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Lung Cancer in Nonsmokers? It Happens More Often Than You Might Think

Though most lung cancer cases and deaths involve smokers, there is a percentage (10-15 percent) that can be attributed to other causes such as radon and secondhand smoke, leading to the deaths of an estimated 15,000 nonsmoking Americans each year. In fact, if “never smokers” lung cancer was its own class of disease, it would be the sixth-most common cause of cancer deaths.

Radon is the leading cause of lung cancer in nonsmokers, followed by secondhand smoke. But even after you factor in these two causes, there is still a significant number of never-smokers who come down with lung cancer.

There seem to be distinguishing characteristics between smokers with lung cancer and never-smokers with lung cancer. A majority of smokers develop squamous cell cancers, which tend to grow near airways and cause symptoms earlier in the process. Never-smokers more often develop adenocarcinomas, which grow in the outer regions of the lungs and don’t display symptoms until after the cancer is much more involved. A third type of lung cancer, bronchoalveolar carcinoma, is on the rise worldwide, especially among young, female nonsmokers.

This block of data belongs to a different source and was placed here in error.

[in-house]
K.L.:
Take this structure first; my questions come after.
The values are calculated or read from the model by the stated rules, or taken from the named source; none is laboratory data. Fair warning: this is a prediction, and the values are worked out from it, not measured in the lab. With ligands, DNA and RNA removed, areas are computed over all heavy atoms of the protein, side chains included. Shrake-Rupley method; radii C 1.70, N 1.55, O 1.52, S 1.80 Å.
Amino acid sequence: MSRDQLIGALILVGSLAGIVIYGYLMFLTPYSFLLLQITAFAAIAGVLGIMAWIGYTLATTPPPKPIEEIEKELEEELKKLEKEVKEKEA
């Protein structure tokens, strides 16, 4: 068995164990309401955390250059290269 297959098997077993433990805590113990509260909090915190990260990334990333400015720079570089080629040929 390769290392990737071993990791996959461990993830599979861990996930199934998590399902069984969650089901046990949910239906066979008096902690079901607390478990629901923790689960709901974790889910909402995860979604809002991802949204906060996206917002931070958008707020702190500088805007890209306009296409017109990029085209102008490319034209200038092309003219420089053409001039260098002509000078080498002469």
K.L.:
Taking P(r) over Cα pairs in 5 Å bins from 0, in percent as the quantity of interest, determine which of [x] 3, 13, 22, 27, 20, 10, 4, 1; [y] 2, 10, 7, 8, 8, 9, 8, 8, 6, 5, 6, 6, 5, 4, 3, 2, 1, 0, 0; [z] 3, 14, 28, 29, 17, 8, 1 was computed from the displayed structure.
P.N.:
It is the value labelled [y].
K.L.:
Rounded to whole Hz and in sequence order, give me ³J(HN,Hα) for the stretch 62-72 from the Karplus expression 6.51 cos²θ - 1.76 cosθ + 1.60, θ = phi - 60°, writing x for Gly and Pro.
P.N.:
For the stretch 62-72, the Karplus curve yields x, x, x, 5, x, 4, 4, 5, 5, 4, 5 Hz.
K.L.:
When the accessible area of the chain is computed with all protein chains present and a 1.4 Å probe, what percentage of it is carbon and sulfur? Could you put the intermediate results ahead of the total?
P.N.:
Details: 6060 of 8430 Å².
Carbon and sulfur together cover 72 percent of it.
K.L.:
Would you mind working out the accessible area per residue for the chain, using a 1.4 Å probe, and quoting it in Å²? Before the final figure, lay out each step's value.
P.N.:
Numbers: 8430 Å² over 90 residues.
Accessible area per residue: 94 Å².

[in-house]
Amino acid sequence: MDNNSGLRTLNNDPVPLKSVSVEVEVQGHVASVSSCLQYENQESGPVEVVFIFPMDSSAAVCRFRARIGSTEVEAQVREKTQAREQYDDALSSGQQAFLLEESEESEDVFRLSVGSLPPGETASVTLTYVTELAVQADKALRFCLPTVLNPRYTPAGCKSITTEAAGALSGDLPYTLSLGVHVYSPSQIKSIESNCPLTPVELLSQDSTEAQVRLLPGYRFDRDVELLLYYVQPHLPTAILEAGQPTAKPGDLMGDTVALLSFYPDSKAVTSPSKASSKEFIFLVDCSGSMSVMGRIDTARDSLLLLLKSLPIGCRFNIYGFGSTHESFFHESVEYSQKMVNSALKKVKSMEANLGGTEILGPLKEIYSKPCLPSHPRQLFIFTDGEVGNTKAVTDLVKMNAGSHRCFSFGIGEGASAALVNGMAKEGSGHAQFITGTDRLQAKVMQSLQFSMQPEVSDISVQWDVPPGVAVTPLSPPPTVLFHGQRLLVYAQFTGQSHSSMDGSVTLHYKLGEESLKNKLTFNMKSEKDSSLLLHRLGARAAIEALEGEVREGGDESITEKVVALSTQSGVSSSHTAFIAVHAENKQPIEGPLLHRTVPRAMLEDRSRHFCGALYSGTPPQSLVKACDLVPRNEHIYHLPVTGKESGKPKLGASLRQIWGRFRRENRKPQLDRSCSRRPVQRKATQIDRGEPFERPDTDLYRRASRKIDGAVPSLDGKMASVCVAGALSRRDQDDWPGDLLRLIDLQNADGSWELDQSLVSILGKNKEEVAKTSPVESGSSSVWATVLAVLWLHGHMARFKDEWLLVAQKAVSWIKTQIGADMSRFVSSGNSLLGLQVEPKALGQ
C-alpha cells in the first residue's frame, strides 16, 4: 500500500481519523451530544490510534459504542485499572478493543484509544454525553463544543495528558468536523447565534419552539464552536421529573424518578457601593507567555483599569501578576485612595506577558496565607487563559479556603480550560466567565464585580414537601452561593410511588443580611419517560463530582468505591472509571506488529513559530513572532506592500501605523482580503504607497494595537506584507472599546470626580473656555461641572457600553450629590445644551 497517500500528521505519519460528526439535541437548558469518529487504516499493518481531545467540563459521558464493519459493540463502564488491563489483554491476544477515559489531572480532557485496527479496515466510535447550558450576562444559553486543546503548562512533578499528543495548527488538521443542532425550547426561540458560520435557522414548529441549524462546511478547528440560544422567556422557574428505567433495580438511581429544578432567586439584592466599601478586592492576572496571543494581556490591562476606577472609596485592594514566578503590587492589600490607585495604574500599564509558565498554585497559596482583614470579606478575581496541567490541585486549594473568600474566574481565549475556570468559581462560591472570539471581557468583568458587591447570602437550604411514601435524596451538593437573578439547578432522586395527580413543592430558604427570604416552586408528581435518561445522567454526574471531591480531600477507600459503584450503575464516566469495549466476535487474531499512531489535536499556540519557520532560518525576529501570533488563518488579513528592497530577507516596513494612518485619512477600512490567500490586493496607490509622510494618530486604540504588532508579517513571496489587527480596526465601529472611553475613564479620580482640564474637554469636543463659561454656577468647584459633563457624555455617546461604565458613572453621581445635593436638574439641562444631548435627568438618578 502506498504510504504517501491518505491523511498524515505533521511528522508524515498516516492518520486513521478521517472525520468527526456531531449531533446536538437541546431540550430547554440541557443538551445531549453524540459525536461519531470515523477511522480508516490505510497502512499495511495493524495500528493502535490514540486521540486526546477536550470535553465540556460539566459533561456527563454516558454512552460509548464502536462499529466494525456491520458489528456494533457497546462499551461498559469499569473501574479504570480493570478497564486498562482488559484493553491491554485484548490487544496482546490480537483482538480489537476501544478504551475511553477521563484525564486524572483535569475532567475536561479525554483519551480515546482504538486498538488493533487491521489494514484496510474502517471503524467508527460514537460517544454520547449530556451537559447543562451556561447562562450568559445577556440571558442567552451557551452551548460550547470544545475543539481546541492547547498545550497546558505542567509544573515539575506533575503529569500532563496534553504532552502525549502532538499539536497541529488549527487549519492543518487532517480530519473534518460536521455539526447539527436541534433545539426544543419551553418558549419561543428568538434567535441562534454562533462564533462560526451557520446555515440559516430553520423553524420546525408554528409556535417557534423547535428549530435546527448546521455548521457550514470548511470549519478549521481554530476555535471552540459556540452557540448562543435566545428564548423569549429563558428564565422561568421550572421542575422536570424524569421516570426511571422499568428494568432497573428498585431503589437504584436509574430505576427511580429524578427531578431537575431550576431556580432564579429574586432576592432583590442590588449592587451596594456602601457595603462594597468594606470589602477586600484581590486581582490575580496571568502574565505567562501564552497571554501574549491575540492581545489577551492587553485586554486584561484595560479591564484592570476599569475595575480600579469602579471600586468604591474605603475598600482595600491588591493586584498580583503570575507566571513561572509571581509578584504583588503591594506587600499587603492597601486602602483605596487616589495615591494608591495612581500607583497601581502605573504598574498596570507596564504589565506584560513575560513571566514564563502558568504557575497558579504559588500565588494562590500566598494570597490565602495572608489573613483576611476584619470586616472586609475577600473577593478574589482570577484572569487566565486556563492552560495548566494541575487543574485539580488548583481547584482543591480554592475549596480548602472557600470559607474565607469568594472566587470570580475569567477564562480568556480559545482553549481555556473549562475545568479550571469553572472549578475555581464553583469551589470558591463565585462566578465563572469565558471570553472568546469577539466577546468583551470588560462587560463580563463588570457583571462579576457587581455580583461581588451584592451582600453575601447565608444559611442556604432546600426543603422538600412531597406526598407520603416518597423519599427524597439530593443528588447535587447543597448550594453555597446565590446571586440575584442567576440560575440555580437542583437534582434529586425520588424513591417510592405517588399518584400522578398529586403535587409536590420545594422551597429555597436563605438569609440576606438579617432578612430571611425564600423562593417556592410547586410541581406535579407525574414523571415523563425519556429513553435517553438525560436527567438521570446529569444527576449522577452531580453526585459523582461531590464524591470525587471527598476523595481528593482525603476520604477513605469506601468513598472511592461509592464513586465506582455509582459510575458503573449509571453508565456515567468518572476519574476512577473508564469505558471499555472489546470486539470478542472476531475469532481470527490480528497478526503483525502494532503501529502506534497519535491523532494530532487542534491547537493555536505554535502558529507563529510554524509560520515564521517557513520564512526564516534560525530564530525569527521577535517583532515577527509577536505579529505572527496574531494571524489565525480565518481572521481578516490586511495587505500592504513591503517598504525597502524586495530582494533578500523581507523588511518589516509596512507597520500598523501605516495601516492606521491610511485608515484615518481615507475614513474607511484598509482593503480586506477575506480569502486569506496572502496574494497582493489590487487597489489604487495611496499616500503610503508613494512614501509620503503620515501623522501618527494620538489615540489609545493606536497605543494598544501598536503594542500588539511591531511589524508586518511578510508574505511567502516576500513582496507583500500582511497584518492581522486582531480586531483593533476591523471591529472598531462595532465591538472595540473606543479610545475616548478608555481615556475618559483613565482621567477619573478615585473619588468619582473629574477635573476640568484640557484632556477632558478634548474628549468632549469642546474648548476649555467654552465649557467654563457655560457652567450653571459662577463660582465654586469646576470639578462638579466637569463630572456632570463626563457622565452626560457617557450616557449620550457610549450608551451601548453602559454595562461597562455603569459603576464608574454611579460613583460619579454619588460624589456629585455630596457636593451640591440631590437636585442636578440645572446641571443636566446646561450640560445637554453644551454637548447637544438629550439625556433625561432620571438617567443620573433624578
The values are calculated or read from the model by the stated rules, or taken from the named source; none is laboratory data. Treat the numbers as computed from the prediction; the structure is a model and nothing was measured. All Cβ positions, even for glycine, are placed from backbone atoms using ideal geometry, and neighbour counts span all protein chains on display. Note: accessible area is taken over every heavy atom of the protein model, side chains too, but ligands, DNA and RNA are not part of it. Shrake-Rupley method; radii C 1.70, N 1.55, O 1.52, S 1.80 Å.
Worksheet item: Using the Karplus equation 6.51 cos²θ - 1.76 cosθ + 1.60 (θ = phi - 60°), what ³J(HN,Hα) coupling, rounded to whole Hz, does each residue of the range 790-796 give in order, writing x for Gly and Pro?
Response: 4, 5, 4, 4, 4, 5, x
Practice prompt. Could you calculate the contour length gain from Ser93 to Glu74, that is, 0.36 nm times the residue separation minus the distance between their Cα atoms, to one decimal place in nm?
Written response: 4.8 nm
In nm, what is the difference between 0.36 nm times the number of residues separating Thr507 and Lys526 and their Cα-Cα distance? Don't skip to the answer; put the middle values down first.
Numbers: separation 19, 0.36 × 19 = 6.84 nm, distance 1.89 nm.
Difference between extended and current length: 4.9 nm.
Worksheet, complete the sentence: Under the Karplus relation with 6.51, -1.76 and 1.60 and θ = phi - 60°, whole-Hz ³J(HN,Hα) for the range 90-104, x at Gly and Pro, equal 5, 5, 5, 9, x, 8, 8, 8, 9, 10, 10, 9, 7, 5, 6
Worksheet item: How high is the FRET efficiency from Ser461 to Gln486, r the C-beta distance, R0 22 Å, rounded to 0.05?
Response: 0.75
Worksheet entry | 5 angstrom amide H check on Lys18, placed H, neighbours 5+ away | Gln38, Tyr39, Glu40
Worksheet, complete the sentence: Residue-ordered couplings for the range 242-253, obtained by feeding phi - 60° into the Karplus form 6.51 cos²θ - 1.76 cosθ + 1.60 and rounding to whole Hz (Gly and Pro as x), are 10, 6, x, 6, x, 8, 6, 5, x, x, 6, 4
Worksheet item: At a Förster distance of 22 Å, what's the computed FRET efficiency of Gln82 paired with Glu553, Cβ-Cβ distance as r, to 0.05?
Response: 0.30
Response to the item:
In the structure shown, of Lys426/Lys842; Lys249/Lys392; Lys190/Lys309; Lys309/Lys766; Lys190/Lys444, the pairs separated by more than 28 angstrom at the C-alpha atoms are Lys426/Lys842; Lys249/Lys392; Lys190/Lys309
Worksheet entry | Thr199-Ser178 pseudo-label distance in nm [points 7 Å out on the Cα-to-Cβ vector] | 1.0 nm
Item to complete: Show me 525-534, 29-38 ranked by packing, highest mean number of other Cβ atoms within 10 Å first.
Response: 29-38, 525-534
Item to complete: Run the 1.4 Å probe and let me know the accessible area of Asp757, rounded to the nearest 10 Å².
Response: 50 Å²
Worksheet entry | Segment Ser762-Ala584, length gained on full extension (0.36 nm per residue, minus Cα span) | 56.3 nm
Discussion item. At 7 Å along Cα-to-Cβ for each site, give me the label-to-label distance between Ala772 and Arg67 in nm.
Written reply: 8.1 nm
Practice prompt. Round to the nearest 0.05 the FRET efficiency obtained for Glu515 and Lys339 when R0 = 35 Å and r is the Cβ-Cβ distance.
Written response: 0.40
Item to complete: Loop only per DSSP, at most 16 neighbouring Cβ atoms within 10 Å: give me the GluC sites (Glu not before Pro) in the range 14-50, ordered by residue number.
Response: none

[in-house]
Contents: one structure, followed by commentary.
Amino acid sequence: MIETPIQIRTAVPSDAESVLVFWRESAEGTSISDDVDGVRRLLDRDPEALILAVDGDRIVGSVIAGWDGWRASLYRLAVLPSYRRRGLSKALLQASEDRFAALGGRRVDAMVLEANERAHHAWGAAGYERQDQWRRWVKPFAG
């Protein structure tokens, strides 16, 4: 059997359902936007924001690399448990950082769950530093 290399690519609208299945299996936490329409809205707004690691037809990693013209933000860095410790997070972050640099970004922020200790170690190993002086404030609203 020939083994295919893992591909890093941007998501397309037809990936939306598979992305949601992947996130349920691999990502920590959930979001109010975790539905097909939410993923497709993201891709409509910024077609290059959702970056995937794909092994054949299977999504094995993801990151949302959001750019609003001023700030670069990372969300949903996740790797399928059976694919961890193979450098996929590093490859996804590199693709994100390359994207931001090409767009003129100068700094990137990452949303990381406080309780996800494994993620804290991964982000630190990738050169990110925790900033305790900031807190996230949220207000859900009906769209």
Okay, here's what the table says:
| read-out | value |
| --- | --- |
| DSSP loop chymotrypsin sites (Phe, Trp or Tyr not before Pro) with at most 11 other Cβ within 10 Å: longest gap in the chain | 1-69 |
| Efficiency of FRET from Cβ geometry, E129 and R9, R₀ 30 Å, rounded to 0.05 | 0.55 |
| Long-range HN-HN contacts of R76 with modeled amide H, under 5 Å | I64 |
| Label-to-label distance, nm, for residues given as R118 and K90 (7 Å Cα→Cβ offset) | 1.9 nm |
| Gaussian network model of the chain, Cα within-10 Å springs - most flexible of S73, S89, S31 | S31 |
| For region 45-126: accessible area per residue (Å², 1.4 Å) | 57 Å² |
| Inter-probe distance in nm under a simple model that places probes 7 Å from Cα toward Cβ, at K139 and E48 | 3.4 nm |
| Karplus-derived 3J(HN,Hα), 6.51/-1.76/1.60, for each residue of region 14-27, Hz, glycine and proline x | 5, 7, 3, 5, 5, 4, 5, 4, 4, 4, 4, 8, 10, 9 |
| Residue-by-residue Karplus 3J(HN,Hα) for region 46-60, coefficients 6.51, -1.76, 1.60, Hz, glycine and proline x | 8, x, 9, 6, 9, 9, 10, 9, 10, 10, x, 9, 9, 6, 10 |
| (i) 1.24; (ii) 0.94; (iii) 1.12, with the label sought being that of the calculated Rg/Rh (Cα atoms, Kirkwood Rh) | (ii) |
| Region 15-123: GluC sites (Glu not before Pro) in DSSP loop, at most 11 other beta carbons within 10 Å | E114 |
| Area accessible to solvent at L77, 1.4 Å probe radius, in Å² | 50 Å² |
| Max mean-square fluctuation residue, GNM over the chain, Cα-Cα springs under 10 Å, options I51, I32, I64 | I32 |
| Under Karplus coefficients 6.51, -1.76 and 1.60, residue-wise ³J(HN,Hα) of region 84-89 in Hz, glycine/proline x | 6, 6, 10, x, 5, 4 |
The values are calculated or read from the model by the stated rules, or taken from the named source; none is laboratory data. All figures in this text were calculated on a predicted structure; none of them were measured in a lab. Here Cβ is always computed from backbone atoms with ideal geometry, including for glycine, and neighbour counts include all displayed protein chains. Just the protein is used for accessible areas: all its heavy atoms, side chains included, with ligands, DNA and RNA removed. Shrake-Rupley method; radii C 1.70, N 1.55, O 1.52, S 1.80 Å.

Currently, lung cancer treatments are the same for smokers as for never-smokers. This methodology is changing with the findings that lung cancer in never-smokers is different from lung cancer in smokers—on a genetic, cellular, and molecular level. Some studies suggest never-smokers respond better to chemotherapy. Certain genetic mutations are more prevalent in the cells of never-smokers; thus, targeted therapies that fixate solely on these mutations may become more common. There may be an inherited component to never-smokers’ lung cancer as well.

Recognizing the fact that lung cancers aren’t all the same bodes well for those who are nonsmokers.

As with any cancer, early detection is the key.  If you or a loved one has been diagnosed with lung cancer and feel that it should have been caught earlier, you should contact an experienced Georgia medical malpractice attorney to discuss your situation.